IIs were designated IIF."
Note: The Fairey-Youngman bellows-type dive brake permitted rapid overtaking
of a target without the risk of collision at the last moment.
May 1941: No.600 Squadron was the first to receive Mk.IIFs in quantity.
Summer 1941: Two Mk.V designated Beaufighters with Boulton-Paul Type A
turrets with 4 x 0.303 in machine guns plus 2 x 20 mm forward firing cannon
in the lower fuselage were tested. The increased flexibility of the turret did
not make up for the reduced performance because of the added weight. The
actual over all firepower was reduced.
September 1941: The Mark I Feed (Chatellerault recoil-operated feed) mechanism
for the four 20 mm cannon was introduced in to the 401st Beaufighter.
Autumn 1941: No.2522 Squadron was formed in Coastal Command. The first 80
Beaufighter ICs were produced at Filton for their use and for 272 Squadron.
These were operated between the coasts of Norway and the Bay of Biscay.
January 1942: The Beaufighter VI began to supplant earlier models. The Mark
N.F.VIF with AI Radar. These had the Hercules VI or XVI engines capable of
1,615 hp./T.O. and 1,670 hp. for emergencies. This was the first mark to be
fitted with the gas-operated 0.303 in Vickers machine-gun in the observer's
station. A 50 gallon fuel tank was added in the starboard wing gun bay, a 24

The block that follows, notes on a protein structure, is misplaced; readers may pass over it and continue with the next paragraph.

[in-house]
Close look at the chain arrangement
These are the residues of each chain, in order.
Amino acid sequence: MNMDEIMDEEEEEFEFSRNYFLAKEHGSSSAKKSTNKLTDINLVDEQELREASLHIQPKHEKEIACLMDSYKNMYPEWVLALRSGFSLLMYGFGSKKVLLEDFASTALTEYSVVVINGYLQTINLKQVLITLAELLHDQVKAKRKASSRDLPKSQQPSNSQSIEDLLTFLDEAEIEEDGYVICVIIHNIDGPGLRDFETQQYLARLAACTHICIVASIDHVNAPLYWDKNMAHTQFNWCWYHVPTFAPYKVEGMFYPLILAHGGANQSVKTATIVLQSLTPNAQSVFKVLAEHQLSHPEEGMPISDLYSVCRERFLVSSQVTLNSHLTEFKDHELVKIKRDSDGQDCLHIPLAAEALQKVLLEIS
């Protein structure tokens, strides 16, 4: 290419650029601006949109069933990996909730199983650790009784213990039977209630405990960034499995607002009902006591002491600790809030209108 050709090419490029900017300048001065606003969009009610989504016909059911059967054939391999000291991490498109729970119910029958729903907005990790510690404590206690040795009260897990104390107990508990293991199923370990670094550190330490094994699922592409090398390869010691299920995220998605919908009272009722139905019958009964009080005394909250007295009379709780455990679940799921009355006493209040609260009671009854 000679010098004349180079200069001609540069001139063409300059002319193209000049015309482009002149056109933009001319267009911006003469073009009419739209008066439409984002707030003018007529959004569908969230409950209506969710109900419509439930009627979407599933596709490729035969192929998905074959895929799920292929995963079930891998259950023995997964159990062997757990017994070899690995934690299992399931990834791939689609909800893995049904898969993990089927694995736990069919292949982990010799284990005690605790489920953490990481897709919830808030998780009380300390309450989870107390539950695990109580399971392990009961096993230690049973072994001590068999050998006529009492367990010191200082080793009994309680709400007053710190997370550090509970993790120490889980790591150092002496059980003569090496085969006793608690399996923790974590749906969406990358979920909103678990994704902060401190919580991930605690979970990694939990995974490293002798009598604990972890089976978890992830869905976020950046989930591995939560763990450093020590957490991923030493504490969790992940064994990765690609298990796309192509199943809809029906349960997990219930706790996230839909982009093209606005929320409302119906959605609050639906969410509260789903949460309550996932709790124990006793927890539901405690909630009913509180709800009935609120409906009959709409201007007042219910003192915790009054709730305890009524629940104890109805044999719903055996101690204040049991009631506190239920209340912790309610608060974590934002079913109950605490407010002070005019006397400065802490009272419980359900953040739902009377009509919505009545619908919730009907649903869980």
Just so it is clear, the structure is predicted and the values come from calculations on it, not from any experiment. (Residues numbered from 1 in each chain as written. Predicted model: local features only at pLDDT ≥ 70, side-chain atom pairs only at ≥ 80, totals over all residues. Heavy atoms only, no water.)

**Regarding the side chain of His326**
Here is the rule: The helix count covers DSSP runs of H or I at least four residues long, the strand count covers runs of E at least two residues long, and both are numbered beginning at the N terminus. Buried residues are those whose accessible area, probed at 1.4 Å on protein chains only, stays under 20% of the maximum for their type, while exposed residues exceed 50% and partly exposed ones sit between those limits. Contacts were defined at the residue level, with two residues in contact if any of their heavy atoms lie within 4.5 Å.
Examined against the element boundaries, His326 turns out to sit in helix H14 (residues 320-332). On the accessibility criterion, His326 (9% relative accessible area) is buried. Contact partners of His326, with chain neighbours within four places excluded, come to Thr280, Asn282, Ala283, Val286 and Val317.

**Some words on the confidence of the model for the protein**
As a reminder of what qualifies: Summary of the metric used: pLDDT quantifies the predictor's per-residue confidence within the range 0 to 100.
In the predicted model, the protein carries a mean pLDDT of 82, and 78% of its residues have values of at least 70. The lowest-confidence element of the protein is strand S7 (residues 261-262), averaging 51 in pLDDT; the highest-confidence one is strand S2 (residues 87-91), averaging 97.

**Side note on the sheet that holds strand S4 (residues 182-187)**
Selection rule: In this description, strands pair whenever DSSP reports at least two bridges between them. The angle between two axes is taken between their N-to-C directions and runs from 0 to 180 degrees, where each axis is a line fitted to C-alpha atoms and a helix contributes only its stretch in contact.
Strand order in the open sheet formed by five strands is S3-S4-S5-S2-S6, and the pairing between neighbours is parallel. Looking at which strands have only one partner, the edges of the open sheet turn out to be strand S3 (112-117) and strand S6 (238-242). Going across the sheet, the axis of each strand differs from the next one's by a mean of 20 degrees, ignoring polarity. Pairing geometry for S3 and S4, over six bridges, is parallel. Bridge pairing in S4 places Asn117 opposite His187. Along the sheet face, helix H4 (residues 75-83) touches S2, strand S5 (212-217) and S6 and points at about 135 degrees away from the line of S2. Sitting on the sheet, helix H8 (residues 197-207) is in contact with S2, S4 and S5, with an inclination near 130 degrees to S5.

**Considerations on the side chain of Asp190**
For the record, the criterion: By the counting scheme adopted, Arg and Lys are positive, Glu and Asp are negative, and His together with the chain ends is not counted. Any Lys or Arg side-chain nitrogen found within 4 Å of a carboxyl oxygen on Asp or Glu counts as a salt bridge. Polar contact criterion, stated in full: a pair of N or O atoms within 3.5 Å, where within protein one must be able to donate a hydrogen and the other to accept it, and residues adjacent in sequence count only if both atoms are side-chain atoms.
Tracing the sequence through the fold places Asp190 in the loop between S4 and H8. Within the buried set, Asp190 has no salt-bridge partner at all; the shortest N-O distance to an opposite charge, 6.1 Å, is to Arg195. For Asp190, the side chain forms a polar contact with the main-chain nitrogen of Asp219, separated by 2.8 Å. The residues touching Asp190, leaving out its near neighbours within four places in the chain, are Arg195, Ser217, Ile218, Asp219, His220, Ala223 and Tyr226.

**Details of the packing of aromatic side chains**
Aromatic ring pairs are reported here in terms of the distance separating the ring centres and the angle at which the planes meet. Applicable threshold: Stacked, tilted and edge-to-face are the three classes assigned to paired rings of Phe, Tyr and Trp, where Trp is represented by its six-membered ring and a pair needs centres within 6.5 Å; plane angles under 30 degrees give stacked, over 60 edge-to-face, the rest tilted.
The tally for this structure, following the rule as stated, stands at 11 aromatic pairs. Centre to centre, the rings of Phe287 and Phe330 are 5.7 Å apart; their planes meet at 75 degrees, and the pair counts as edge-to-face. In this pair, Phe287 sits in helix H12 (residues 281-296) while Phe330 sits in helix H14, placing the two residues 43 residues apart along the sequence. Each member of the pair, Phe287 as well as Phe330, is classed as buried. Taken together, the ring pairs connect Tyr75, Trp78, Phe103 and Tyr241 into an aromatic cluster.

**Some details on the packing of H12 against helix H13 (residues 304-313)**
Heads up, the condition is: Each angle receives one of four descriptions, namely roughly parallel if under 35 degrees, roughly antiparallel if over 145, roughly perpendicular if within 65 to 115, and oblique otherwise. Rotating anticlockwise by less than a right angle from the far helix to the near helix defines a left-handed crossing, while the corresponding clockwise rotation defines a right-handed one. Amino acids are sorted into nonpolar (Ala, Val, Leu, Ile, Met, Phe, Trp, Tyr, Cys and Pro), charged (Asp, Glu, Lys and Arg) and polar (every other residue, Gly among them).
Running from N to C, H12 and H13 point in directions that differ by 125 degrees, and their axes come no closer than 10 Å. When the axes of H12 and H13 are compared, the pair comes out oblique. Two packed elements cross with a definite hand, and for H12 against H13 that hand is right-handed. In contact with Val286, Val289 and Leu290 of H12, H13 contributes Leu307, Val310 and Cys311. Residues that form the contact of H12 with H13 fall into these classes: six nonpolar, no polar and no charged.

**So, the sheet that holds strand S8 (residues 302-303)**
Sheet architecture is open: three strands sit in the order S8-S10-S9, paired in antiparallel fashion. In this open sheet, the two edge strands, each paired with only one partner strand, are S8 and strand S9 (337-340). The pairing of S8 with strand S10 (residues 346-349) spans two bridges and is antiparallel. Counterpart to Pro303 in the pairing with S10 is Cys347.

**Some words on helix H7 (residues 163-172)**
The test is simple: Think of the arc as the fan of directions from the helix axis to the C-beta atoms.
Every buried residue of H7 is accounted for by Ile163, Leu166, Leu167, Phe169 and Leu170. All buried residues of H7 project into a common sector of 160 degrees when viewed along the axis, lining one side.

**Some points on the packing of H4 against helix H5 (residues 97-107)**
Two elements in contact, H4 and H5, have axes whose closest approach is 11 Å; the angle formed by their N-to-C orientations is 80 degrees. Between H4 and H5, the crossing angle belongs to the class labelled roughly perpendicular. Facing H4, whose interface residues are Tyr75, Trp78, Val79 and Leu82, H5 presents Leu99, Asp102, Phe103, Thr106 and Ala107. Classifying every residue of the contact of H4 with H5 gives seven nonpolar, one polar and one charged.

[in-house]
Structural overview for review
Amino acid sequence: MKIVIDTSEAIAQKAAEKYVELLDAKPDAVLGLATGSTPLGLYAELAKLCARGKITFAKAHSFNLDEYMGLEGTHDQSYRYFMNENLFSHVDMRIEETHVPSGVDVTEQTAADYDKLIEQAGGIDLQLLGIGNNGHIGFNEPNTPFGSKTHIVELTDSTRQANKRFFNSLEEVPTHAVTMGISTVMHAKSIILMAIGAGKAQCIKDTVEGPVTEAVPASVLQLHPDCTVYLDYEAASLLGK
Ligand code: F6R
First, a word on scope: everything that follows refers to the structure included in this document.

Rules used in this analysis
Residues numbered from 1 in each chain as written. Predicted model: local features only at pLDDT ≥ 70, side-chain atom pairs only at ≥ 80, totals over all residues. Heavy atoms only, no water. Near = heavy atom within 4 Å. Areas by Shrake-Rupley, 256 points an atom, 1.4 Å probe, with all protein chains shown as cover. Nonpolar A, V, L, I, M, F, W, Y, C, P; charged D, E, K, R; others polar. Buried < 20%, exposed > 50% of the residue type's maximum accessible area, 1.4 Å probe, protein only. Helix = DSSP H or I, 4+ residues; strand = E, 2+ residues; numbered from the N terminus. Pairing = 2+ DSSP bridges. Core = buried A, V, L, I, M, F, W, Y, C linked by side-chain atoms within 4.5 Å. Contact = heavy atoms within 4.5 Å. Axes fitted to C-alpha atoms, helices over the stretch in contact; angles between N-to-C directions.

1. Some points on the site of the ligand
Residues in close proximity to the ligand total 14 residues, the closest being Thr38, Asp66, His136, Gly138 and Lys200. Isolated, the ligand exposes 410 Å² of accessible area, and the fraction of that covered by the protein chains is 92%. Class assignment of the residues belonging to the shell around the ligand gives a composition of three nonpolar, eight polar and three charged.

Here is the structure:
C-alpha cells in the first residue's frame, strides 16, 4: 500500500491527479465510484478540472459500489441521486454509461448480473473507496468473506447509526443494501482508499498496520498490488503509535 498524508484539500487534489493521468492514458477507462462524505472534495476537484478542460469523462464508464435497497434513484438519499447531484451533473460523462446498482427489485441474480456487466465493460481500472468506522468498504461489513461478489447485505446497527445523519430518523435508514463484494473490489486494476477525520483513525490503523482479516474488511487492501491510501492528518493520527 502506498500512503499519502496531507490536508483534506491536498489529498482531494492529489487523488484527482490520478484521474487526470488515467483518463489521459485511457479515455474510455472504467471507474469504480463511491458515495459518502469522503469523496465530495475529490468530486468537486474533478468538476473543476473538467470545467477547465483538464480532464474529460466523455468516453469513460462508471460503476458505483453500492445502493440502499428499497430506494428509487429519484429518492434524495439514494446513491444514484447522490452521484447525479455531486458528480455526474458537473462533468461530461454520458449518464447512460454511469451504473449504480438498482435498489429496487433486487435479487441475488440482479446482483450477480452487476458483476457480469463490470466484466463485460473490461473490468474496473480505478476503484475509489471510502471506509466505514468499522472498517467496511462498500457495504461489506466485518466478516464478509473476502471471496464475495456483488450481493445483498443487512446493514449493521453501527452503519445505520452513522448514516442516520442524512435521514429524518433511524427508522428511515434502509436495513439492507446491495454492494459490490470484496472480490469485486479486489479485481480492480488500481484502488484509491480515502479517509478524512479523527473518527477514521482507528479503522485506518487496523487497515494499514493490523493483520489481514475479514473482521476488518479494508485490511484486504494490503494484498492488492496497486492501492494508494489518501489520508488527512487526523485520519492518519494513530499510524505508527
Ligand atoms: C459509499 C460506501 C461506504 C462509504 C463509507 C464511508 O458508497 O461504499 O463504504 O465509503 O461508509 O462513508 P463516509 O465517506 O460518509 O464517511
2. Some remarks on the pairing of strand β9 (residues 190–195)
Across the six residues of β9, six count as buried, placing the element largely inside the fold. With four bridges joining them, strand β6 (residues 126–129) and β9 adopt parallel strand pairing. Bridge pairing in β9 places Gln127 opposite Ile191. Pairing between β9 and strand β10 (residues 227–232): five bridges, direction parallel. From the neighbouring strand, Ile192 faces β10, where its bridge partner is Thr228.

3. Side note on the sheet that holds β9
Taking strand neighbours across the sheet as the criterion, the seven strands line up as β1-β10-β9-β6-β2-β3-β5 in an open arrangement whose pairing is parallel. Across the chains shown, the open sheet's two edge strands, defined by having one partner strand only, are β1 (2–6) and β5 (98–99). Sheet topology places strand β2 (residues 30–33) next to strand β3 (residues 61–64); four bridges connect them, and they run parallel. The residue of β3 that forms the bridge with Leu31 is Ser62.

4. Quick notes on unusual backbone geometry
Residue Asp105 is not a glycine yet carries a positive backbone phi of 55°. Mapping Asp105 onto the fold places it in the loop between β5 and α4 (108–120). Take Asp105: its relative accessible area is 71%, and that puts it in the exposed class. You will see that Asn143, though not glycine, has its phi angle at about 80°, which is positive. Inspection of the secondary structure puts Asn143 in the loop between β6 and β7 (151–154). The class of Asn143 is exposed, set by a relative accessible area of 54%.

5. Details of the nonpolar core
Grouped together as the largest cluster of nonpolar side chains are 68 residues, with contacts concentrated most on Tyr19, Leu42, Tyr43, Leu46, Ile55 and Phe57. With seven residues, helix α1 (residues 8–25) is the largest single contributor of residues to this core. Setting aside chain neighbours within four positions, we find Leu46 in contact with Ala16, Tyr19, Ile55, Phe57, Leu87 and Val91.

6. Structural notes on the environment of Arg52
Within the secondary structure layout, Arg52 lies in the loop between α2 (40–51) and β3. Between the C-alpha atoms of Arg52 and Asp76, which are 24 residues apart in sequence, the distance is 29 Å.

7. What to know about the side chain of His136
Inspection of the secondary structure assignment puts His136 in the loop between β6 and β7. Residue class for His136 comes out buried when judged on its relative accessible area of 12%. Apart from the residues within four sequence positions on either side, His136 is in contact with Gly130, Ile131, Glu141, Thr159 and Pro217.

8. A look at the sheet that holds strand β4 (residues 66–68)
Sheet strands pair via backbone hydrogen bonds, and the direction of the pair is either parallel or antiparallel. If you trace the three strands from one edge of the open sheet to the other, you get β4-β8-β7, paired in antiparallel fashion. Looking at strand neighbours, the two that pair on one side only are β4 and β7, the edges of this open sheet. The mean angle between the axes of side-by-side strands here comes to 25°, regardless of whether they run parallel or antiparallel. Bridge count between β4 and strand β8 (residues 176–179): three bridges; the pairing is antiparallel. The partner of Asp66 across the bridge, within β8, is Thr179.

gallon tank in the port wing gun bay and a 29 gallon tank installed outboard
of each engine nacelle. At 22,777 lb.:
Maximum Speed: 315 mph./14,000'
Initial Climb: 2,000 fpm.
Service Ceiling: 26,000 ft.
Range: 1,540 ml./190 mph.
March 1942: B. A. Company began designing a torpedo carrying Mark VIC.
April 1942: Bristol Aeroplane Co. received official permission to produce a
trial installation using a 22.5 in American or 18 in. British torpedo.
20 April 1942: The first of 76 Mk.IC Beaufighters is delivered to the RAAF. The
last of which arrives on 20 August 1945.
May 1942: Beaufighter VI I.T.F.(interim torpedo fighter) with the Hercules XVI
are put into service. These were designated Mark VIC by Coastal Command.
4 April 1943: The first operational success of the torpedo carrying Beaufighter
came when two enemy ships were sunk off the coast of Norway. These
were sunk by a trial squadron that had been supplied sixteen converted
26 May 1944: The first Australian-built Beaufighter is constructed and flown,
Beaufighter Mk.21 A8-1. Its Hercules XVIII engines have two-gear
superchargers. 364 were built before roduction ceased in 1945. These
had the standard 4 x 20 mm in the nose + 4 x 0.5 in Browning machine
guns in the wings and the ability to carry 8 x 5 in. high velocity aircraft
rockets, 2 x 250 lb. bombs, 2 x 500 lb. bombs and one Mk.13 torpedo.
Beaufighter TF Mk X: 2 x Hercules XVII engines with cropped superchargers
improved low-altitude performance. This was the last major version of
which 2,231 were produced. The later production models had a dorsal
fin installed. The T.F.X. engines produced 1,725 hp./T.O./2,900 rpm.,
1,735 hp./500 ft. and 1,375 hp./1,500 ft./2,400 rpm
Combat Weight: 9,808 - 25,400 lb.
Maximum Speed: 305 mph./S.L., 320 mph./10,000 ft.
Initial Climb Rate with torpedo:1,600 fpm.
Service Ceiling without torpedo: 19,000 ft.
Range with torpedo: 1,400 ml.
Range with torpedo and long-range tanks: 1,750 ml.
Beaufighter Mk.XIC:(T.F.X. without torpedo) had A.I. Mk.VIII radar in a thimble
shaped nose, large dorsal fin and increased area of the elevator.
Beaufighter XX: R.N.Z.A.F. Beaufighters had Hercules XVII engines and were
similar to the Mk.21 aircraft of Australia.
Edited by CORSNING, 17 February 2018 - 02:43 PM.